Google is quick to point out, however, that more than half of all property-damage collisions are never reported to the police and thus are not reflected in these statistics. And it’s true that most of the impacts that Google’s cars experienced were so minor that they likely never would have been reported in normal circumstances. That said, the company could inspire more confidence by publicly addressing the problems it has found rather than minimizing the significance of unflattering statistics.

female driverConsider the fact that, in two of the most serious incidents involving self-driving cars, the safety driver testing the vehicle felt compelled to shift to manual control at the last minute. For instance, when another vehicle veered into the side of one of Google’s cars while both were traveling at highway speeds, Google’s test driver took control of the wheel just as the car was being struck. This is especially worrisome given that the company doesn’t even plan to include a manual driving option on the cars it sells to consumers.

Moreover, one of the reasons these cars have avoided serious collisions so far is that they’ve primarily been tested in situations where serious collisions aren’t all that likely. In fact, much of the testing so far has been at relatively low speeds and at private facilities rather than on public roads. Right now, we don’t know how Google’s cars will react to emergencies at high speeds, drunk drivers on the road, or adverse weather conditions like rain and snow.

The more Google’s self-driving cars are tested and refined, the better they’ll become at predicting and responding to typical traffic patterns and common driving errors, and their safety is sure to improve. But one of the reasons we at DriversEd.com stress the importance of defensive driving is because many of the biggest risks we face as drivers come from situations we can’t anticipate. Behind the wheel, human beings can make split-second decisions in ways that Google’s computers can’t, and when we do, we can protect ourselves and others from situations that could have otherwise ended in disaster.

Every day, many potentially fatal collisions are avoided because a smart driver paid attention, stayed calm, and reflexively made the right decision. While Google certainly deserves praise for developing self-driving cars that have so far avoided serious collisions, it’s too soon to tell whether they’ll be better than people at dealing with these kind of emergencies. For now, the most important safety technology remains the same as it’s ever been: the alert, attentive brain of an informed and conscientious driver.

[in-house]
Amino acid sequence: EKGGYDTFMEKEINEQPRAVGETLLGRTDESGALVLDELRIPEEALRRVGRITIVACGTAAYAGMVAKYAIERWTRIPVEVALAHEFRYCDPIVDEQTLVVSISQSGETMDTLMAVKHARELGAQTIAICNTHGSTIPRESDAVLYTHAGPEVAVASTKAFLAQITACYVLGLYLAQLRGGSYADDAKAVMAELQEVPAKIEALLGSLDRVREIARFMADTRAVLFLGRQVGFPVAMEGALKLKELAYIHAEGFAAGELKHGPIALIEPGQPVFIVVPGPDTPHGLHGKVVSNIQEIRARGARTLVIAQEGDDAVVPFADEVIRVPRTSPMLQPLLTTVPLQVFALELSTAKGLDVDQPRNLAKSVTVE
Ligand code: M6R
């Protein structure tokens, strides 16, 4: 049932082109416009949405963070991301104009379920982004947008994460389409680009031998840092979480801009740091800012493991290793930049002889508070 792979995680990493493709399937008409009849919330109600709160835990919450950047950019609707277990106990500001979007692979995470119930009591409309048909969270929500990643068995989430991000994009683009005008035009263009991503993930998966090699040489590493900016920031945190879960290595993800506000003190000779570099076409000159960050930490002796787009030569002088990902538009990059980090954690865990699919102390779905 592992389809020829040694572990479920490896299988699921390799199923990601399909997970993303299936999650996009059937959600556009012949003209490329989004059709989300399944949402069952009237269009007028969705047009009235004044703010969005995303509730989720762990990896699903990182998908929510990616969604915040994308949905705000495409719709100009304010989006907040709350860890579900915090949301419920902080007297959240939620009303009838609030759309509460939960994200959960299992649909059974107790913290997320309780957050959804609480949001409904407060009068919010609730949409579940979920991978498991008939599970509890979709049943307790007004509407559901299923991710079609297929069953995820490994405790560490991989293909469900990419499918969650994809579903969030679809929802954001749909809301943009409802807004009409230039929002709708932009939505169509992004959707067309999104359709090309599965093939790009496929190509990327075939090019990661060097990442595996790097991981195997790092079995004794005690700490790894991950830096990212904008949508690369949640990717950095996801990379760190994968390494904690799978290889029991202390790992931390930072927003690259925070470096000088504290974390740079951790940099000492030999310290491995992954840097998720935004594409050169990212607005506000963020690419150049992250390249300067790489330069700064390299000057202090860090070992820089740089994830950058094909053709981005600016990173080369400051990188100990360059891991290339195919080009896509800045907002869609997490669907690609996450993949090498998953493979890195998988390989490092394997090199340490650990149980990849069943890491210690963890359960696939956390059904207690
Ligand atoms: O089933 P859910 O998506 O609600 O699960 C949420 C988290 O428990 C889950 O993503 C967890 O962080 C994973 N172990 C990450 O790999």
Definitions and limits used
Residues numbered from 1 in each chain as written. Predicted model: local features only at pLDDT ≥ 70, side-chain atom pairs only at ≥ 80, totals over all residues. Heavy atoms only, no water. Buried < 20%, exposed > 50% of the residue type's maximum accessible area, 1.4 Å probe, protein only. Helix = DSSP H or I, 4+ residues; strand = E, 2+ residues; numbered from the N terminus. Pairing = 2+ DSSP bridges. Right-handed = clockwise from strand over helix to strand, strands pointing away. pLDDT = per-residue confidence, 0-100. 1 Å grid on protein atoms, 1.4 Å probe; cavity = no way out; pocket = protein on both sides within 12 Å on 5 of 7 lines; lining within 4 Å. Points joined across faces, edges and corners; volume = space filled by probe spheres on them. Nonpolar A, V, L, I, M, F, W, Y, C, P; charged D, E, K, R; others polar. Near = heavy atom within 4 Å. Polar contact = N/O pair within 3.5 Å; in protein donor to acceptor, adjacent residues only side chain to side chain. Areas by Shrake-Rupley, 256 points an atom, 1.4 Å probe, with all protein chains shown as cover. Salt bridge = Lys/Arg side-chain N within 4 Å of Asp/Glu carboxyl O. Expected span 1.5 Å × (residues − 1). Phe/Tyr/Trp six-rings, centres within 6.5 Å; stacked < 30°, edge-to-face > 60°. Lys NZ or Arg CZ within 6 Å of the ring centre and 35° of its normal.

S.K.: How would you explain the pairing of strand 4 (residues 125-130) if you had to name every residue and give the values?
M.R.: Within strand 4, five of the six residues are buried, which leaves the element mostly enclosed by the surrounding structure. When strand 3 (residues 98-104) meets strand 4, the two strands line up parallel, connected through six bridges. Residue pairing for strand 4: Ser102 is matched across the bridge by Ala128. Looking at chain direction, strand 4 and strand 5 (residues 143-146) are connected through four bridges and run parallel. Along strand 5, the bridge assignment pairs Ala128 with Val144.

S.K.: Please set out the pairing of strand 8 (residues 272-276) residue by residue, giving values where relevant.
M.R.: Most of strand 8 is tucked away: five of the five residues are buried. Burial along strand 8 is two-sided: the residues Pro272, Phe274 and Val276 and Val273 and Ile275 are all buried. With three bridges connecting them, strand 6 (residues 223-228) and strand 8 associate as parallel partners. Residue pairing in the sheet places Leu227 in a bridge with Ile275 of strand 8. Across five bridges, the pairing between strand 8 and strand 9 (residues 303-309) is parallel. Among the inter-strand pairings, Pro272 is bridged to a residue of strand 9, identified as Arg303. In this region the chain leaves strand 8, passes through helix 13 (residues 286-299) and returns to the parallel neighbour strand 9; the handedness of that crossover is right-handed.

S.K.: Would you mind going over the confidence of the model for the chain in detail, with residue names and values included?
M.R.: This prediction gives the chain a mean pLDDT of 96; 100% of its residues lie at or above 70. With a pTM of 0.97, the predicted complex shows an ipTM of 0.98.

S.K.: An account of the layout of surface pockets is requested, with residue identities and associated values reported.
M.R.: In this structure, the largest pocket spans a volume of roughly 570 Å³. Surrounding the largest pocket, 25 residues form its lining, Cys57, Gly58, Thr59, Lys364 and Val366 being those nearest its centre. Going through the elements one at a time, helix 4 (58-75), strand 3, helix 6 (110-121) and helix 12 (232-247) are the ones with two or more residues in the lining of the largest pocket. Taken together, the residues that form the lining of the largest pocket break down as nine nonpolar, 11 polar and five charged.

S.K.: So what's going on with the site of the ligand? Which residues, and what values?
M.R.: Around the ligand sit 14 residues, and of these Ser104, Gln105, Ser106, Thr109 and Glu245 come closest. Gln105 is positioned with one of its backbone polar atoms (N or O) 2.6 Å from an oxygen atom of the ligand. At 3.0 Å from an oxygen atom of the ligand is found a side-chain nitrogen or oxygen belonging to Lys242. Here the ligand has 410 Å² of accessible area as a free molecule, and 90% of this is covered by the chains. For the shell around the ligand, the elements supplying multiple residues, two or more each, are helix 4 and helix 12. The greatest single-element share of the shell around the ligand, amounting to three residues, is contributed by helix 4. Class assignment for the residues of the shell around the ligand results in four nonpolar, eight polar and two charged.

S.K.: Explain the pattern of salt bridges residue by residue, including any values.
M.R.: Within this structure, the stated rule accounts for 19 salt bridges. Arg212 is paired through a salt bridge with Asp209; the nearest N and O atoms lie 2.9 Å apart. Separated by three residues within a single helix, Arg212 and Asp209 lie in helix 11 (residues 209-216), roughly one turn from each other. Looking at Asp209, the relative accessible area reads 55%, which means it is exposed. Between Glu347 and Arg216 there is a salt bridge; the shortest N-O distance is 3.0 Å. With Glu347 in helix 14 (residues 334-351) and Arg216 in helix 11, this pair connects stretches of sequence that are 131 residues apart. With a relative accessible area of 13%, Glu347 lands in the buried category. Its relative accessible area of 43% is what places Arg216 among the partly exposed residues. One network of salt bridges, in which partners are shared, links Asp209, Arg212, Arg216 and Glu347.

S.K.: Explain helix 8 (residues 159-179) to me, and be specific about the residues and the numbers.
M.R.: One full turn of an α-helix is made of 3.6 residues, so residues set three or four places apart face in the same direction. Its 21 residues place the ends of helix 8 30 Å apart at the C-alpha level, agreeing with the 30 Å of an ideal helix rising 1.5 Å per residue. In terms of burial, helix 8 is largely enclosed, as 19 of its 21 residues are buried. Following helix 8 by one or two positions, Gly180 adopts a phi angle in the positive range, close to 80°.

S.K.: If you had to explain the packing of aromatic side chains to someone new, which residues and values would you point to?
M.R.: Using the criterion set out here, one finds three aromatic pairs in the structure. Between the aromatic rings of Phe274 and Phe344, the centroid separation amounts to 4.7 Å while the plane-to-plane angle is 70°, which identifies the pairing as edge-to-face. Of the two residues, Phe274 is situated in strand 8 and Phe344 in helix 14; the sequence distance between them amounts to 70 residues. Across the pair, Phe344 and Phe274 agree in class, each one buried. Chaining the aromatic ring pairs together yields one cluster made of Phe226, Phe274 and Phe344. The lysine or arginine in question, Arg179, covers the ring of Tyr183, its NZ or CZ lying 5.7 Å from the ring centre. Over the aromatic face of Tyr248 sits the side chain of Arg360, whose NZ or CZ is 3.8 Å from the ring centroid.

And Google, if you’re really serious about teaching your cars how to drive defensively, we have one piece of advice: Sign up for drivers ed today!

 

¹ Google’s test cars are designed so that they can work autonomously (without driver input) or be operated manually. The company’s findings indicate that, in manual and autonomous modes combined, its cars have traveled 1.8 million miles and been involved in 12 collisions. Autonomous driving accounted for approximately 1 million of these miles, and 7 of the 12 crashes occurred or began while the car was in autonomous mode.

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Recall Alert! Are Your Air Bags Safe?

air bag expandingThis week, millions of Americans have been asking themselves “are my air bags safe?” after the Department of Transportation announced the largest motor vehicle recall in the nation’s history. This recall is meant to address severe defects in several types of air bags manufactured by Takata, the fourth largest air bag maker in the world. Already, these faulty frontal air bags have been tied to at least six deaths and over 100 injuries globally.

There’s a good chance that your car will be recalled too, as the recall applies to 33.8 million cars and trucks in the United States alone—that’s one in every seven vehicles in the country! While you’re most likely to be affected if you drive a Honda model from 2001 to 2008, drivers of BMW, Chrysler, Ford, GM, Mazda, Mitsubishi, Nissan, Subaru, and Toyota vehicles built between 2001 and 2011 all face a potential recall.